Trying to figure out how China will deal with its millions of single men and how it will finally convince its rural populations that girls aren’t that bad a choice will always be very interesting to us. But a recent resurgence in the gender gap discussion has got us scratching our heads. Why exactly is the figure of 24 million single men only a bad thing?
According to a recent Chinese news piece, a Chinese Academy of Social Science study found that 24 million men may fail to find a spouse in 2020. The news has now been parroted by at least 100 other publications, which tut tut our future “nation of bachelors” while going into some of the societal implications this gender gap will have.
For instance, the BBC highlighted that “the growing imbalance means that forced prostitution and human trafficking has become “rampant” in some parts of the country, according to the researchers.” While The Times Online pointed out that “The surplus of bachelors — known as “bare branches” — in the rural areas has been described by senior officials as a problem that could lead to a surge in crime and social instability.”
That’s all very possible and we agree with it, but if “24 million” really is the new figure for the amount of projected single guys in China’s future, then isn’t this piece of news actually good? Just last April, studies asserted that China had 32 million more boys than girls under the age of 20.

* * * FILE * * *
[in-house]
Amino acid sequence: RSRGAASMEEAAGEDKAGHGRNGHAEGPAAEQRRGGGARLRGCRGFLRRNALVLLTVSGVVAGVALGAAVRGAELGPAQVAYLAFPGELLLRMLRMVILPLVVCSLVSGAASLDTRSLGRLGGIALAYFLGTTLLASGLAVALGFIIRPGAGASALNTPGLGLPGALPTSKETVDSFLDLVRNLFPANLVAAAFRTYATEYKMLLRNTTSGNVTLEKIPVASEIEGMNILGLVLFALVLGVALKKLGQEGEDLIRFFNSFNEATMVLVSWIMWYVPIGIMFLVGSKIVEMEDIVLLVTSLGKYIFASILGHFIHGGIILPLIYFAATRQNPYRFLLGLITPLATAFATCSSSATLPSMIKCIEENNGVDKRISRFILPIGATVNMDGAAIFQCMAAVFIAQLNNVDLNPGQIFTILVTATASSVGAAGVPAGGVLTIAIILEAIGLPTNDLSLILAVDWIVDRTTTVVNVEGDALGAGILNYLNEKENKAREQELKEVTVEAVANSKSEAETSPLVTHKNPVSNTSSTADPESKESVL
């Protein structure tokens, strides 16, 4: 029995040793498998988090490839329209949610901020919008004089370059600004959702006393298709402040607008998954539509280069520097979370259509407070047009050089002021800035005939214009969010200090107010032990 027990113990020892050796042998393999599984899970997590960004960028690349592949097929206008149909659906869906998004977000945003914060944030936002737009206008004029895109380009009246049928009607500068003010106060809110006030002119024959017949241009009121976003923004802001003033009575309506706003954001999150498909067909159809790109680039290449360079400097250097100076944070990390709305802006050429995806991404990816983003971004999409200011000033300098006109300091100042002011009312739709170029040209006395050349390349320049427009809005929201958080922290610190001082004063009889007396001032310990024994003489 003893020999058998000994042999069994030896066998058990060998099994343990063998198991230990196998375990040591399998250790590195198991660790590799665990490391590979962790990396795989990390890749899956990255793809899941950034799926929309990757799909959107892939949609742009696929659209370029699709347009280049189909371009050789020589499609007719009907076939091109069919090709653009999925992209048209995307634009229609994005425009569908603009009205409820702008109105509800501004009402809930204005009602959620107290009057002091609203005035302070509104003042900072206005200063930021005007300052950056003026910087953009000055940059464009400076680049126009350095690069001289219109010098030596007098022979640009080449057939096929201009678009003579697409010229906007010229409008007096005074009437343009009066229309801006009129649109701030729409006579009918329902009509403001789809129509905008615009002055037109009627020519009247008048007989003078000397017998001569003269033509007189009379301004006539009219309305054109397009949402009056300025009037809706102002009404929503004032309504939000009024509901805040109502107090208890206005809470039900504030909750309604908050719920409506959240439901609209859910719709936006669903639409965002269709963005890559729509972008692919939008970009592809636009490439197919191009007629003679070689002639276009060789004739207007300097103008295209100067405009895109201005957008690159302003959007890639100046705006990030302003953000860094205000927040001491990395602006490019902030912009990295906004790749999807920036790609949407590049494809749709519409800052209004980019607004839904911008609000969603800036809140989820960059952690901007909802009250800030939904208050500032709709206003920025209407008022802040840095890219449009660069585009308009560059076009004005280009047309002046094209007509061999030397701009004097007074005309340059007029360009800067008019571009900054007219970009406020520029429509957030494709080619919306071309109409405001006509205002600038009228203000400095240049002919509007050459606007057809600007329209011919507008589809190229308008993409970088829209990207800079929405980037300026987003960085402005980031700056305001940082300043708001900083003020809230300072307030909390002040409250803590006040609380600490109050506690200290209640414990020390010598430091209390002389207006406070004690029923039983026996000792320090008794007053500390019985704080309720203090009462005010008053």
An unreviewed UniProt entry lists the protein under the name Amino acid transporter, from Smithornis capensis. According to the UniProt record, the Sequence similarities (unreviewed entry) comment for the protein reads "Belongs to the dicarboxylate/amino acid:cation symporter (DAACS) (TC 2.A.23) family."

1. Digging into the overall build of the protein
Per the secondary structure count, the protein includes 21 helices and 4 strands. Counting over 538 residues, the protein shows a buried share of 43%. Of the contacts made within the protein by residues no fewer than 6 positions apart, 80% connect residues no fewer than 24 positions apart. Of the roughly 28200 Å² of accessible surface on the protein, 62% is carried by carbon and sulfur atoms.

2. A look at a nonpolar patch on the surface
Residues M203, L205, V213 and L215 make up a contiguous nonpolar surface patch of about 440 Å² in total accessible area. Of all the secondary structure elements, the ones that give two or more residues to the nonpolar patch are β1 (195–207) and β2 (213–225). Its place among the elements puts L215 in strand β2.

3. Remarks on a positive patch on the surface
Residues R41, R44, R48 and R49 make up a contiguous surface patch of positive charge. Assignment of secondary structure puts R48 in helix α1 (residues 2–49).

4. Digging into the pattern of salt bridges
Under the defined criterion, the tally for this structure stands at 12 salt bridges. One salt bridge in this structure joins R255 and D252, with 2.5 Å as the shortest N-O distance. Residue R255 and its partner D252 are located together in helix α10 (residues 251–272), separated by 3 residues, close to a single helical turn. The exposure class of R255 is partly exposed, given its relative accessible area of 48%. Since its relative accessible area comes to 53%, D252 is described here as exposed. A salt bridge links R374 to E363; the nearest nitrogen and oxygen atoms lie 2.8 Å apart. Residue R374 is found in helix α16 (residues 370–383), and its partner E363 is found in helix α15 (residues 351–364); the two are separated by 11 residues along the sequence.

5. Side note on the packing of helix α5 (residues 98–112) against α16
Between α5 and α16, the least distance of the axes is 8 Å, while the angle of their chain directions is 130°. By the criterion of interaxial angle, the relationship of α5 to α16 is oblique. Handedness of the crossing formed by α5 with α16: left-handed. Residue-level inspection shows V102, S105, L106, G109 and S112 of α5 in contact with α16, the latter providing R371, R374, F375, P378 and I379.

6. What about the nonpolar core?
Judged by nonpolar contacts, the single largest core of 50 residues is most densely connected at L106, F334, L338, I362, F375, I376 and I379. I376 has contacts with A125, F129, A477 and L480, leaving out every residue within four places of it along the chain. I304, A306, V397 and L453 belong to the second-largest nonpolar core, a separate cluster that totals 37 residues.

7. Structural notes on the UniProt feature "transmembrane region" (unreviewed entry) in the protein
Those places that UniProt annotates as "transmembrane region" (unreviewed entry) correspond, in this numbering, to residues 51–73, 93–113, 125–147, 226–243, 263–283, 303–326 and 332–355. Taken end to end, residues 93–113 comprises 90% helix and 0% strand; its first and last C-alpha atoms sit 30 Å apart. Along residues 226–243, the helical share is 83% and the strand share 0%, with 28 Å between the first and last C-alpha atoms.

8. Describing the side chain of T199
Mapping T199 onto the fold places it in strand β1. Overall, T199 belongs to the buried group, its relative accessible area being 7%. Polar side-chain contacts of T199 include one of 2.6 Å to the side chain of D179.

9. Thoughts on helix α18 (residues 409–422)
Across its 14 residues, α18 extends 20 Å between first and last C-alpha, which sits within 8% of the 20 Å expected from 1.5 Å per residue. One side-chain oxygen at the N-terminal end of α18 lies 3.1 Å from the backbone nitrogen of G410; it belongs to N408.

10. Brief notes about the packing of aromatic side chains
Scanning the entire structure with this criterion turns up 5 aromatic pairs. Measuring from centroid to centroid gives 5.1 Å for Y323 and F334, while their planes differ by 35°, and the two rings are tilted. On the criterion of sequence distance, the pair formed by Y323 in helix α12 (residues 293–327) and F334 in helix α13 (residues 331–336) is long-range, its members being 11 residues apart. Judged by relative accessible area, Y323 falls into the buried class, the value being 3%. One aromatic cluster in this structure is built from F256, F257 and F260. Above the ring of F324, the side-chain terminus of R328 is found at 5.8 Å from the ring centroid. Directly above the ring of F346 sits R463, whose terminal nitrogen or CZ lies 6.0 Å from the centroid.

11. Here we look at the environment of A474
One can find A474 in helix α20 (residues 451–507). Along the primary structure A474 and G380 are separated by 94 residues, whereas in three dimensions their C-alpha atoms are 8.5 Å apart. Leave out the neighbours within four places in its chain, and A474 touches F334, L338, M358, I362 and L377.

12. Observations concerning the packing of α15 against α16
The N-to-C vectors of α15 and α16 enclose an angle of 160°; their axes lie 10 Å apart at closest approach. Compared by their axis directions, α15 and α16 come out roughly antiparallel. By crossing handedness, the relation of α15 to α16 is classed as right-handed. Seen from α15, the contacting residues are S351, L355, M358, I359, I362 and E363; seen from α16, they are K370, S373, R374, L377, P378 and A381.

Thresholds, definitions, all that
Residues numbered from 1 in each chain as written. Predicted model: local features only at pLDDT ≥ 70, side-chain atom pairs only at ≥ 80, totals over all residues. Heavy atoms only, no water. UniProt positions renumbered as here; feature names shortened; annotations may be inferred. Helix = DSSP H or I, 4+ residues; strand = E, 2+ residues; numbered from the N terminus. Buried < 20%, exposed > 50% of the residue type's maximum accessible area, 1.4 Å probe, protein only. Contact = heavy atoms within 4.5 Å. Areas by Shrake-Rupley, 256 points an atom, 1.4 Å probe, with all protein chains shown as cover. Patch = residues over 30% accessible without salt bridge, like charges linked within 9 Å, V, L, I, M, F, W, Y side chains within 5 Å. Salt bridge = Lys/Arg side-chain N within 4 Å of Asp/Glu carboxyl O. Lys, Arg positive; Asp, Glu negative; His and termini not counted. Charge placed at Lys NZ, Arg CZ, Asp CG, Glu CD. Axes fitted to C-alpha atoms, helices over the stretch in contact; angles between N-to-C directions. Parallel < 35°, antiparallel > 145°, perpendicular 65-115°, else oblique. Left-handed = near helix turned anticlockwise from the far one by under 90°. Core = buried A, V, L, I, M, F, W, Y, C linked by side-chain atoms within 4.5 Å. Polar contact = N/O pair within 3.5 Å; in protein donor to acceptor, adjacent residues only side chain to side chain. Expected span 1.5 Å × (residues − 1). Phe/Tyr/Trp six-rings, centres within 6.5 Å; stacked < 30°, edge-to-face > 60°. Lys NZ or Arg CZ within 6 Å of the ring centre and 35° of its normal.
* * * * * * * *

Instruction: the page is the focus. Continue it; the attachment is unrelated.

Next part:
The study back then by the British Medical Journal said that China can expect to see “very high and steadily worsening sex ratios in the reproductive age group over the next two decades,” and caused us to dismally conclude that there was “no bridge in site” to this ever increasing chasm.
That means that in the span of just nine months, the projected mass of bachelors has already shrunk by 8 million dudes. While there’s always the possibility that one of the studies is way off, we’re hoping what this disparity really means is that various government initiatives around the nation to enhance education, offer subsidies and training for girls are actually working. The Times article mentioned that the gender imbalance had begun to slow in late 2006.
Is 24 million bachelors still a huge problem? Yes. Is the continual tragedy of aborting fetuses because they’re female disgusting and frustrating? Of course. But isn’t the happy disappearance of 8 million future men worth investigating as much as how the one child policy contributed to this problem in the first place?